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We have met, but mr.van ‘t Slot does not remember and neither do i have any remembrance of our meeting, because it was at the beginning of my career with the Gemeentemuseum Den Haag and i was a rookie in the art world. Exhibitions were held with promising artists and John van ‘t Slot was one them. Gerrit Jan de Rook curated the cycle of exhibitions called KEUS VAN DE KUNSTENAAR. Three of these were held in the early eighties with artists like Maarten Ploeg, Piet Dieleman, Panamarenko, Piet Dirkx and of course John van ‘t Slot. My first impression…. his works looked strange with horses and figures in a landscape , but over the years they grow upon you and eventually you admire these paintings and in the end i was fortunate to finally acquire a large early painting for FTN art which is now up for sale.

Van ‘t Slot is part of a mouvement called in the Netherlands the NIEUWE WILDEN. The same as their counterparts in Germany DIE NEUE WILDEN. In the eighties he was one of the artists that emerged and rose above others. Together with Rene Daniels and Marlene Dumas he was one of the chosen artists for the exhibition STOP MAKING SENSE, which showed the highlights in painting in the eighties and was presented in the Dordrechts Museum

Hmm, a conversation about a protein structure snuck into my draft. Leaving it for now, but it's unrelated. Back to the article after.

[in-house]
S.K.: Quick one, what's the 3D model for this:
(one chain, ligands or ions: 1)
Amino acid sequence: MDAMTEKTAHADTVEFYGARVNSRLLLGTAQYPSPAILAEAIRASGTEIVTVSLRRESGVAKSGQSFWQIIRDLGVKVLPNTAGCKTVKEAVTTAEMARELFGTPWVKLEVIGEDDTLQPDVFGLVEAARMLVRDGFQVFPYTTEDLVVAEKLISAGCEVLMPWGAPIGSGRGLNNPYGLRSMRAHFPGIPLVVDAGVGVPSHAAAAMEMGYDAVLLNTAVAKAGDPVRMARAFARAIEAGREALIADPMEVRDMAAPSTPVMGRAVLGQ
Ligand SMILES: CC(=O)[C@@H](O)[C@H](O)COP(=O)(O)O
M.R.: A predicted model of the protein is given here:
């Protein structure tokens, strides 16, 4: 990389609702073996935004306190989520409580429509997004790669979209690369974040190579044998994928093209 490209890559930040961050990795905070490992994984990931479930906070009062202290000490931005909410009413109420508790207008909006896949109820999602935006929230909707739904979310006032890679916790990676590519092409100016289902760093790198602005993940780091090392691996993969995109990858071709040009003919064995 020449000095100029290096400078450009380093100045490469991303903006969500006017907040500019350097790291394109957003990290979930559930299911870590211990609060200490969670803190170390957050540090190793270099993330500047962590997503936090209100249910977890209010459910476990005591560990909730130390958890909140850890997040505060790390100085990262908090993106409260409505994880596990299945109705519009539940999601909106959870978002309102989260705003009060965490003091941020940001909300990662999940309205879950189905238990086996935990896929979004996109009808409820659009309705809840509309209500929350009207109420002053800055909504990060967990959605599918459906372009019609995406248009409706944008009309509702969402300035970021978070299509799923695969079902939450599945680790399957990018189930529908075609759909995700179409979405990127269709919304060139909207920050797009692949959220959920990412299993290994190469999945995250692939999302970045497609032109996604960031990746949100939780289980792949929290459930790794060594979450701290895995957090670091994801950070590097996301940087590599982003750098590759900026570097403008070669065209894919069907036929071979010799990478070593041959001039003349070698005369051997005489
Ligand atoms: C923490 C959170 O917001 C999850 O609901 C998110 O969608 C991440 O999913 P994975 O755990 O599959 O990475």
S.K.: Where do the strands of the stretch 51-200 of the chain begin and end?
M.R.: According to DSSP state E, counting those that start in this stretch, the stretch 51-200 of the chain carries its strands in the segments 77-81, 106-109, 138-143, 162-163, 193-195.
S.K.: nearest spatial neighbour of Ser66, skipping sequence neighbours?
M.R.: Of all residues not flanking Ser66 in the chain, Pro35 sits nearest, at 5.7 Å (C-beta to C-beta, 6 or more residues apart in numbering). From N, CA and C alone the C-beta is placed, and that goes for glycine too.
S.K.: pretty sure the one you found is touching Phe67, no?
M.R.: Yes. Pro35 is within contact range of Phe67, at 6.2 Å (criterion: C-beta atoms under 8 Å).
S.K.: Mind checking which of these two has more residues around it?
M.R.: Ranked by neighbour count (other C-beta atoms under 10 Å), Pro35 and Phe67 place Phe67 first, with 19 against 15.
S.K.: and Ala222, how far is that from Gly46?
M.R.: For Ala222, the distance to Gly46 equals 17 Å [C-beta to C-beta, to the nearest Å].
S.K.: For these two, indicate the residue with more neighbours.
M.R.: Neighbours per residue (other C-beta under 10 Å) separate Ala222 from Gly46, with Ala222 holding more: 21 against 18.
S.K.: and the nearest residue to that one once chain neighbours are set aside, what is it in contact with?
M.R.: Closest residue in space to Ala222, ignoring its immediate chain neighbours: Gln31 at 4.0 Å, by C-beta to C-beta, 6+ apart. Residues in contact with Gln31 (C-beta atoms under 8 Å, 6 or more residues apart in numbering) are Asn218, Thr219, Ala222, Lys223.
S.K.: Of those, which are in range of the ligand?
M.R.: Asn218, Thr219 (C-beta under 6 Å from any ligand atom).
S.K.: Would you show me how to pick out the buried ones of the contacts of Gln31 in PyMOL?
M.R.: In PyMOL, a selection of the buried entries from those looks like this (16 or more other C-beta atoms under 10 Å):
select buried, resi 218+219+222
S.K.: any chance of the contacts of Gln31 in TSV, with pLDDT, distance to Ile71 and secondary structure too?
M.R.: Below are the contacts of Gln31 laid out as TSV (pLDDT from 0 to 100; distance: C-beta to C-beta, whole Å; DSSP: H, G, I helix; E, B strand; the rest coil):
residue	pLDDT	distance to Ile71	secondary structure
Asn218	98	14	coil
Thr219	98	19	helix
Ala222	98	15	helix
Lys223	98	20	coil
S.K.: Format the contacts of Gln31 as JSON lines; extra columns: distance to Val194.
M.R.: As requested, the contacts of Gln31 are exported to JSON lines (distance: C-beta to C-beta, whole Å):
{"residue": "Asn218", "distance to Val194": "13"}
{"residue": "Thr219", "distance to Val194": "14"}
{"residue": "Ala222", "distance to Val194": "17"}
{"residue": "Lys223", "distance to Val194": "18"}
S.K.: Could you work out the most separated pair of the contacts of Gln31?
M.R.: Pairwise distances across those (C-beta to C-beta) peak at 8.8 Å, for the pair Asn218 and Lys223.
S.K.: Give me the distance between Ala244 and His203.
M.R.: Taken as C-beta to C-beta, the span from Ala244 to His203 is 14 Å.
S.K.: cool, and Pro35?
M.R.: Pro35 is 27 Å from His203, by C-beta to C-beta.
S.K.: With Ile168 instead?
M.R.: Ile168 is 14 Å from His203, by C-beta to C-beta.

www.ftn-books.com has excellent publications on John van ‘t Slot

and please take a look at the impressive painting by John van ‘t Slot FTN art has for sale.

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Ruri Matsumoto (1981)

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Sometimes you encounter works by an artist for which you have an instant liking and admiration. This is the case with Ruri Matsumoto. She was born in Tokyo and had her education in Japan and Germany. This is where she followed lessons with Helmut Federle and Markus Lupertz a.o.. She stayed after her education in Germany and now has her own studio in Dusseldorf, which she will leave for a temporary studio in Berlin until January 2018.

Her works are characterized by the use of  very bright colors and are compositions of almost random like patterns formed with tape, but look more closely….. you will find layers of abstract constructivist forms making a spectacular work of art. Of course art is always something personal and subjective, but i like these paintings very much and because there is this rare chance to see her works at Livingstone Gallery i write this blog to let you know that until the 4th of November some of her works are on show in the PAINTING NOW exhibition, curated by Jan Wattjes.

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To get an excellent impression of her works please visit:

https://www.rurimatsumoto.com and of course http://www.livingstonegallery.nl/home

for the information on the exhibition at Livingstone gallery in The Hague

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Raquel Maulwurf ….continued (1975)

I now followed her career for over 10 years and was lucky to acquire some nice small works for our collection. She still amazes with her works in black and white turning horrid events into beautiful , almost abstract works of art.  The large special project teh CARBON WAR ROOM “retrospective” at the Gemeentemuseum Den Haag ended last weekend. Online you still have a possibility to get an impression.

https://www.gemeentemuseum.nl/nl/tentoonstellingen/raquel-maulwurf-carbon-war-room